Increasing Trouble with “Tails”
By Matt Gracey
As more doctors join hospitals or are considering doing so we are seeing more trouble created in the transactions by the doctors’ malpractice insurance tail issues. Once a doctor terminates his or her coverage for their practice and moves into a hospital practice their policy coverage will burn up almost completely unless they purchase a costly “extended reporting endorsement”, commonly called “tail” for their claims-made malpractice insurance policy.
The cost of tails can be very high. The rule of thumb is that insurers charge in the broad range of twice the annual policy premium, but the price can go up to over four times the annual cost, depending upon the circumstance and the insurer. For a large group of surgeons, for example, the tail cost can stop a hospital deal, or certainly be a major cost component that must be dealt with.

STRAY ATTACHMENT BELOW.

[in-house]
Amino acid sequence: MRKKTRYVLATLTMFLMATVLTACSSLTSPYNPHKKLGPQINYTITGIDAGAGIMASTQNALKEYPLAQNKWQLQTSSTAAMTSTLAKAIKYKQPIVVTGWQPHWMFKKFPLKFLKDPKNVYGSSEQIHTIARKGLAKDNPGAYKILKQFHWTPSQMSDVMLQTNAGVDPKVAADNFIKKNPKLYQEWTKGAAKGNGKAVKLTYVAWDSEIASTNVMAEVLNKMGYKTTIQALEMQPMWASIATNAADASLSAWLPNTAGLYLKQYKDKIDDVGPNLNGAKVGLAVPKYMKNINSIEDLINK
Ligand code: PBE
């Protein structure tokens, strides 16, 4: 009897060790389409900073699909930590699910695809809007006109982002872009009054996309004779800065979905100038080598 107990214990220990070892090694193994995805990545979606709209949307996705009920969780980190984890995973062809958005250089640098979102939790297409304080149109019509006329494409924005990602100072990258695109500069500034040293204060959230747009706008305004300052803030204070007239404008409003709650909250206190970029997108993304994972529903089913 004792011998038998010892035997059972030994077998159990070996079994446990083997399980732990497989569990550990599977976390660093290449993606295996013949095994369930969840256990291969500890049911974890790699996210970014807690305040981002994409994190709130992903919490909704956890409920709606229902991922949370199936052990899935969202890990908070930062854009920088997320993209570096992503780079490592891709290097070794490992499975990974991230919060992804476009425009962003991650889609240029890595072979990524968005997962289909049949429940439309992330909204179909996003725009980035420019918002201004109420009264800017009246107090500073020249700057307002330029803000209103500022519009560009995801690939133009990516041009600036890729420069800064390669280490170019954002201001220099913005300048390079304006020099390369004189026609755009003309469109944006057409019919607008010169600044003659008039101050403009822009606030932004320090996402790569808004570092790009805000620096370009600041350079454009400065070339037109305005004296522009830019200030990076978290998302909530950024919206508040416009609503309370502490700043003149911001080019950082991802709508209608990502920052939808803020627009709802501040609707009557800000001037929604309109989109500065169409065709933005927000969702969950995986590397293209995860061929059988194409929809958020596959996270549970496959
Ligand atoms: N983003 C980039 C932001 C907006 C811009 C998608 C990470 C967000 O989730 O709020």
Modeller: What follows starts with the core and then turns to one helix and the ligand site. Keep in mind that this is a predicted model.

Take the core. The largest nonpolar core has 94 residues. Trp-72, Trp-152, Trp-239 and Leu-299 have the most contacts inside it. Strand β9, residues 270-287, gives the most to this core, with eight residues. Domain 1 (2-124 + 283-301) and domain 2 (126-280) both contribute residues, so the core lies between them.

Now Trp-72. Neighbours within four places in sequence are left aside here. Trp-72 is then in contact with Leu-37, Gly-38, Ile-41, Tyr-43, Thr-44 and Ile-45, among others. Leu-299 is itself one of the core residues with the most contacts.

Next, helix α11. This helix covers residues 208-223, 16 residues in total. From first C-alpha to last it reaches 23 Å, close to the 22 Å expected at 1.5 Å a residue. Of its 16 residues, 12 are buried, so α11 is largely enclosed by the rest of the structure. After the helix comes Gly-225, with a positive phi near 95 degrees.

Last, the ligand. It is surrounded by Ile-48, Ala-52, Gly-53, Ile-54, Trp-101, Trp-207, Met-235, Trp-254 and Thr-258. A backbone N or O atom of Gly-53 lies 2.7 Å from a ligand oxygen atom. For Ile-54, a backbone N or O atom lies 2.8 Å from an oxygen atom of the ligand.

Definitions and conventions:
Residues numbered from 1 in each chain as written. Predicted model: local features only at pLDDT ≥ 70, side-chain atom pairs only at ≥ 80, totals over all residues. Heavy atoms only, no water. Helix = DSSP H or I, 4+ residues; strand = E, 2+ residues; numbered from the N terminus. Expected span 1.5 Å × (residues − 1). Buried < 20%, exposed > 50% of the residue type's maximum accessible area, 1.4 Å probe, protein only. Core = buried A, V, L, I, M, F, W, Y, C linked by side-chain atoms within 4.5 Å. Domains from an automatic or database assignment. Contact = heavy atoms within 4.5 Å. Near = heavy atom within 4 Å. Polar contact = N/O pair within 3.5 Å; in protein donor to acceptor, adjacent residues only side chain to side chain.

Some hospitals have taken the position that they cannot allow a doctor who is joining them to avoid a costly tail by purchasing continuing coverage with the same retroactive coverage component after they join a hospital. The reasons for this are usually two fold; either the hospital is concerned about not taking on doctors’ risk exposure from their previous practice, and / or the hospitals are worried about a possible serious stark violation. Whichever the case, the result is that doctors joining hospitals are now often looking at spending a large sum on a tail purchase that might not have been anticipated and particularly in group purchases this issue can kill or slow down the hospitals from consummating their purchases.
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